That first year I ran for 3 weeks around Snowbird Utah, then won the hill climb to the peak on essentially no training. I knew I had potential to start winning other races. Ultras came 6 years later. The first Ultra was the Wasatch 100 and although I finished in 28th, I was in the race to win all the way up to 70 miles, so I knew I had it in me. I won my first 100 at Wasatch in 1998, then my focus was to race the fastest guys out there, and I started beating them. I knew then I was an “elite” ultrarunner.

Out of all your running accomplishments, which are you most proud of and why?

Hard to say, but at this point I have now won more trail 100’s then any other person on earth, that would be number 1 , but before that, when I won Hardrock for the first time in 2001 and crushed the record, I felt great about it. I mentioned before the race, since National Geographic and Sports Illustrated were there, It would be a good day to really nail it…and I did.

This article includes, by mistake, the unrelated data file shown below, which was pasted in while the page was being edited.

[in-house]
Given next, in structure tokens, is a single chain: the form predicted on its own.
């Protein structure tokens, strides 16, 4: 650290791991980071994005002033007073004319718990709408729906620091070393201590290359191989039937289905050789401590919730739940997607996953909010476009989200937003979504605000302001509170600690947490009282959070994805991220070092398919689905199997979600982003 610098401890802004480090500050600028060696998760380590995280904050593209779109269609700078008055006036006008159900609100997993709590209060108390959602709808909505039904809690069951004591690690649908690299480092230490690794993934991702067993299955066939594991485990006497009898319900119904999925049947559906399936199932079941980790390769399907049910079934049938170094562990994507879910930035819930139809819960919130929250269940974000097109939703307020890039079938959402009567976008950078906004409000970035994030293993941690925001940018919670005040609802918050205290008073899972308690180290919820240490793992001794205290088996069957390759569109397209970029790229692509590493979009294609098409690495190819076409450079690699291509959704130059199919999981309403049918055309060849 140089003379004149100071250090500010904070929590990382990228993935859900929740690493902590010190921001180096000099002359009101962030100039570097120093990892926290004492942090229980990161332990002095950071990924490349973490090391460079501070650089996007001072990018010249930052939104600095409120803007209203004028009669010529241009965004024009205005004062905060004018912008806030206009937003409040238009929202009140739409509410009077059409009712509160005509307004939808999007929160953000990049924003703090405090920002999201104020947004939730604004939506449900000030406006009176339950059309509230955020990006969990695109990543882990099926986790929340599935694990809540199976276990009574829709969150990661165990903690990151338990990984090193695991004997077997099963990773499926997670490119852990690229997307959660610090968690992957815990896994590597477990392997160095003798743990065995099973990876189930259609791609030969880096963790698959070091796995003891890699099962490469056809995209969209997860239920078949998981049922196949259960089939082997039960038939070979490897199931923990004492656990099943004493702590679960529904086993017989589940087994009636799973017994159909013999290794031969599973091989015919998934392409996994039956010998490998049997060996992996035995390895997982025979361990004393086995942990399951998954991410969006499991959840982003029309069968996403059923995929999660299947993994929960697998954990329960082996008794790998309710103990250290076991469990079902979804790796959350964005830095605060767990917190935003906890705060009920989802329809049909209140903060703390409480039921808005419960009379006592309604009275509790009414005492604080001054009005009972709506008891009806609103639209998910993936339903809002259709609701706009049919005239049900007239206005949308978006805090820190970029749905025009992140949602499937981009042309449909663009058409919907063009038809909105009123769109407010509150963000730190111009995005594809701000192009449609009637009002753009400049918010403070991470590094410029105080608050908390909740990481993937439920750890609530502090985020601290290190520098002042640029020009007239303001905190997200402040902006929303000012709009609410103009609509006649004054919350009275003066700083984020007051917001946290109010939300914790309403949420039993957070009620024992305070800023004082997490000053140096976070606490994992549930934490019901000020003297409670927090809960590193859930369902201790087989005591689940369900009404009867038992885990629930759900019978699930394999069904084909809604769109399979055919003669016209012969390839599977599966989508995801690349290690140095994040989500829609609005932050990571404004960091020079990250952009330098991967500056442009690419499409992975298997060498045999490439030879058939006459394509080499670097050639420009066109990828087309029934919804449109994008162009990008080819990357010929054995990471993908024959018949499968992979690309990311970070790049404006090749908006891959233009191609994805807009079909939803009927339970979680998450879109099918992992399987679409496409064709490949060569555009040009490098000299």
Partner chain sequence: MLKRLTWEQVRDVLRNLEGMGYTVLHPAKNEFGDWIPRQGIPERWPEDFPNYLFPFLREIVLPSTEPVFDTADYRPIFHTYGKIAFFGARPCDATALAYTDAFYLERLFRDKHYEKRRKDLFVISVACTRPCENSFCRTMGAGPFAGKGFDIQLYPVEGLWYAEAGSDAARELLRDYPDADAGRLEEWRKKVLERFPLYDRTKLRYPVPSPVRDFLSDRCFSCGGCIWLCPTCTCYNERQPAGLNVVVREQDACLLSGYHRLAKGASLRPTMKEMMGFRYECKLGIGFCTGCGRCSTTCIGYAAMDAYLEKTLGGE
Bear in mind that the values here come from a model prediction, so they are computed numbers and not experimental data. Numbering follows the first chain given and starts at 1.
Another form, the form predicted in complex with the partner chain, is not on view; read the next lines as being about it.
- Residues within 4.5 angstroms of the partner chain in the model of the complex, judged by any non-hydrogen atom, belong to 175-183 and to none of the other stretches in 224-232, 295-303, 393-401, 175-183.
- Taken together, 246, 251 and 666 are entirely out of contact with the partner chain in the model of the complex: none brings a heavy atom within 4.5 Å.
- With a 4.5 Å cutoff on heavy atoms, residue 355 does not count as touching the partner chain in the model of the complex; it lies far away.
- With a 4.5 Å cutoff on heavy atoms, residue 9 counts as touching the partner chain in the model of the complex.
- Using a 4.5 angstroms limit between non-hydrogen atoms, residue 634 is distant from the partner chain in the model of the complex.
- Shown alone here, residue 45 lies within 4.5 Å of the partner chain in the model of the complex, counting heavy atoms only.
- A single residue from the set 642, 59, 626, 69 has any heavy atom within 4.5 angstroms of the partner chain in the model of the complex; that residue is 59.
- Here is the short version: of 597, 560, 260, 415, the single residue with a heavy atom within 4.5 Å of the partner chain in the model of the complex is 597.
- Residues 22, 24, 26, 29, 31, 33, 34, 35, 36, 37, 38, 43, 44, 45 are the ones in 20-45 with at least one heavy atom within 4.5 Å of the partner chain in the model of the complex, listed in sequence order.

What would you consider the key to your successes?

Simply put, mental power and knowing when not to train “too hard” and get injured

What is your favorite race to run? Why?

Hardrock is great because is fits my style, but really any race with big mountains and rugged terrain are what I excel at, which is why I stay away from silly road races.

Karl after winning the Hardrock in 2001

How have you adjusted your training as your focus this year is less on the 100 milers (‘only’ two this year) and more on the Appalachian Trail record attempt? Describe a typical training week preparing for 100s vs. for the AT record attempt.

Honestly the training is very much the same, I have actually run more miles this year preparing for the AT than any other year….easily. The two 100s I did go into Coyote with Fresh legs and actually tapered for it, normally I just go and run the race, then drive home. Western [States] will be like that, even though WS is a competitive race, it’s just a training run for me before the AT. [Obviously, this interview is a few weeks old. For those of you who don’t know, WS got canceled this year due to wild fires – the editor].